By Gareth Vaughan
Standard & Poor's (S&P) says it doesn't expect the Reserve Bank's blueprint for dealing with bank failures, its pre-positioning for open bank resolution (OBR) , to cost New Zealand's major banks too much and it's therefore unlikely to threaten their credit ratings.
S&P's fellow international credit rating agency, Moody's Investors Service, has its credit ratings on the big four banks - ANZ NZ, ASB, BNZ and Westpac NZ - on review for possible downgrade and says the review will consider, among other things, the Reserve Bank's OBR proposals. Moody's has said information technology (IT) costs associated with pre-positioning banks internal systems for OBR could add negative pressure to the Aa2 long-term bank deposit ratings it currently has on ANZ, ASB, BNZ, and Westpac.
And auditing group KPMG said in its recently released annual Financial Institutions Performance Survey that a "healthy tension" had developed between the banks and the Reserve Bank over a growing list of new regulation and resulting compliance costs including OBR. KPMG said the banks estimated that about one third of their IT spend goes on compliance and they felt this was "impeding industry efforts to innovate and create new products for customers."
However Peter Sikora, S&P's analytical manager for financial institutions in the Pacific, told interest.co.nz that although the credit rating agency's staff hadn't yet had the opportunity to consider the OBR proposals in detail, "at this stage our expectations would be that it won't be a significant imposition on our view of the financial strength of institutions."
"That said the devil's in the detail," Sikora added. "Key to the outcome will be the final requirements that the regulators require to take control of each of these entities if it (OBR) had to be untriggered."
S&P currently has AA long-term ratings on all the big four banks with a stable outlook.
Living wills for banks
OBR is effectively the Reserve Bank's blueprint for dealing with bank failures. In a consultation paper it released earlier this year, the central bank suggested all locally incorporated banks with retail funding of more than NZ$1 billion would be required to pre-position for OBR. The Reserve Bank says its outsourcing, local incorporation and governance policies were all designed to facilitate the implementation of OBR. Now, the pre-positioning of banks' internal systems represents the next stage in the process.
OBR plans are often called 'living wills' overseas. An open bank resolution is an option whereby the bank is open for business on the next business day after its temporary closure following an insolvency event or an event that triggered statutory management, and is able to provide customers with full or partial access to their accounts and other bank services.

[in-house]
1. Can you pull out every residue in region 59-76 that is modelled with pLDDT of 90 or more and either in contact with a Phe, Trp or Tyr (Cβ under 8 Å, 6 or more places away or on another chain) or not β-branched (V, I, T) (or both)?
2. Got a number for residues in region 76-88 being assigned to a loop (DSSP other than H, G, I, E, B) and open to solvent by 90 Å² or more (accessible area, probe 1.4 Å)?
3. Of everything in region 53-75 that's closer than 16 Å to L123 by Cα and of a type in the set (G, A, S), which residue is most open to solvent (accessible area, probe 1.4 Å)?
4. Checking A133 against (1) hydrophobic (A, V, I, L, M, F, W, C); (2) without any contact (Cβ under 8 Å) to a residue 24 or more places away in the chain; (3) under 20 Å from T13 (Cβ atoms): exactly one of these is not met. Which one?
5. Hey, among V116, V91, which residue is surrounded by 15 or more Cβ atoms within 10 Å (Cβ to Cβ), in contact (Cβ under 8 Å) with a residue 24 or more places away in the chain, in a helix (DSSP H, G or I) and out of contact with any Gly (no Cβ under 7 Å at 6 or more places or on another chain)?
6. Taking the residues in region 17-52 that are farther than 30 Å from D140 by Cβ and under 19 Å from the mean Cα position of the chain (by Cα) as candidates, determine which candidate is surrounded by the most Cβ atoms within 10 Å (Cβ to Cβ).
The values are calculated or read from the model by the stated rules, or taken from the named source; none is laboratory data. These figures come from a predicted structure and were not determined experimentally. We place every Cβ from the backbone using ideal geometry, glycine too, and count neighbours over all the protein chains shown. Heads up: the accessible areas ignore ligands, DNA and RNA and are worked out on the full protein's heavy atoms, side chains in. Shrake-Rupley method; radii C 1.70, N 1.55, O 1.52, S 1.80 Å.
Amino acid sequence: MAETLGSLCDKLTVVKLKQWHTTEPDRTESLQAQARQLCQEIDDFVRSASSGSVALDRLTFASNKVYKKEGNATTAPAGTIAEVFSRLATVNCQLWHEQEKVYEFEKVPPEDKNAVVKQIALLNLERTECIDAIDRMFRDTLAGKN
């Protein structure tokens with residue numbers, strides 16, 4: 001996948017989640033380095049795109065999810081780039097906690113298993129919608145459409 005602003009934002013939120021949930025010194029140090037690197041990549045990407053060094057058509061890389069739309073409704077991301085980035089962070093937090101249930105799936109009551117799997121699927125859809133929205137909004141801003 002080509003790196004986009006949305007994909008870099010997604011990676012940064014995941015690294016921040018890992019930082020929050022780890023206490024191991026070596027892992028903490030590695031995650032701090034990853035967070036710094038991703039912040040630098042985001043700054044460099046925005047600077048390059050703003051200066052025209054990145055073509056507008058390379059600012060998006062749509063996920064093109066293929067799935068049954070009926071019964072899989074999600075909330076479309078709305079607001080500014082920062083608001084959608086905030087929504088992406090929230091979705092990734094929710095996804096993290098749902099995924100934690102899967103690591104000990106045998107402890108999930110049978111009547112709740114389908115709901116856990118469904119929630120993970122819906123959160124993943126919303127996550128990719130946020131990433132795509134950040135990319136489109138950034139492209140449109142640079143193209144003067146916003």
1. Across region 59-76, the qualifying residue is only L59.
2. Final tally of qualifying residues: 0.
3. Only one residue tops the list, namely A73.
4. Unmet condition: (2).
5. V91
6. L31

The key feature of OBR is that creditors are able to access a portion of their funds immediately after the bank fails and is placed in statutory management. The bank can then quickly reopen with the unfrozen or accessible portion of funds guaranteed by government to avert a further run by creditors. Additional funds can be unfrozen at later dates as the final losses are determined.
The Reserve Bank says the OBR policy is intended to act as a resolution tool that heaps the cost of bank failure primarily onto a bank's shareholders and creditors rather than taxpayers, thus minimising moral hazard and providing a continuity of core banking services. The policy, previously known as Bank Creditor Recapitalisation, was developed after a review of the central bank's crisis management policies and instruments following the 1997 Asian financial crisis. See more detail on the proposals here.
The Reserve Bank has set a June 30 deadline for responses to its OBR consultation paper. It then expects detailed implementation plans from the banks by September 30 and for them to be fully pre-positioned by late 2012.
Key risks to Chinese banks are their exposure to property developers & local govt financing vehicles
Ryan Tsang, S&P's Hong Kong-based managing director of Asia-Pacific financial institutions ratings, was also in Auckland this week. Tsang, who analyzes China's banks, told interest.co.nz there were a couple of key areas of risk.
China's banks mostly have "pretty good" balance sheets and reasonable capitalisation, Tsang said. And an interest rate regime where the central bank sets the floor for lending rates and the ceiling for deposit rates tended to give them good margins.
"However, having said that it's not to say the Chinese banks have no risks. At the end of the day they are still operating in a very fast growing economy which could be quite volatile. We do see some risk," said Tsang.
"Strong loan growth in recent years could turn into some problems for the Chinese banks. Where we see potential problems are lending to local government financing vehicles and the property sector," Tsang said. "Those are the two main areas of concern."
"These are the two largest exposures. At the end of 2010 the entire Chinese banking sector loan book was about 50 trillion renminbi. About 18% (was loaned) to local government financing vehicles and about the same amount, 18%, to the property sector."
"The property exposure includes a fair bit of residential mortgages and that in our view is quite safe," Tsang added. "The risks are the exposures to property developers. They are the ones to watch out for."
That said, Tsang said S&P anticipated challenges ahead for China's banks but didn't expect a systemic melt down.
Meanwhile, Sikora said the results from S&P's review of the methodology it uses to rate banks was likely to be completed in the fourth quarter of 2011. See more on the review and what it might mean for NZ banks here.
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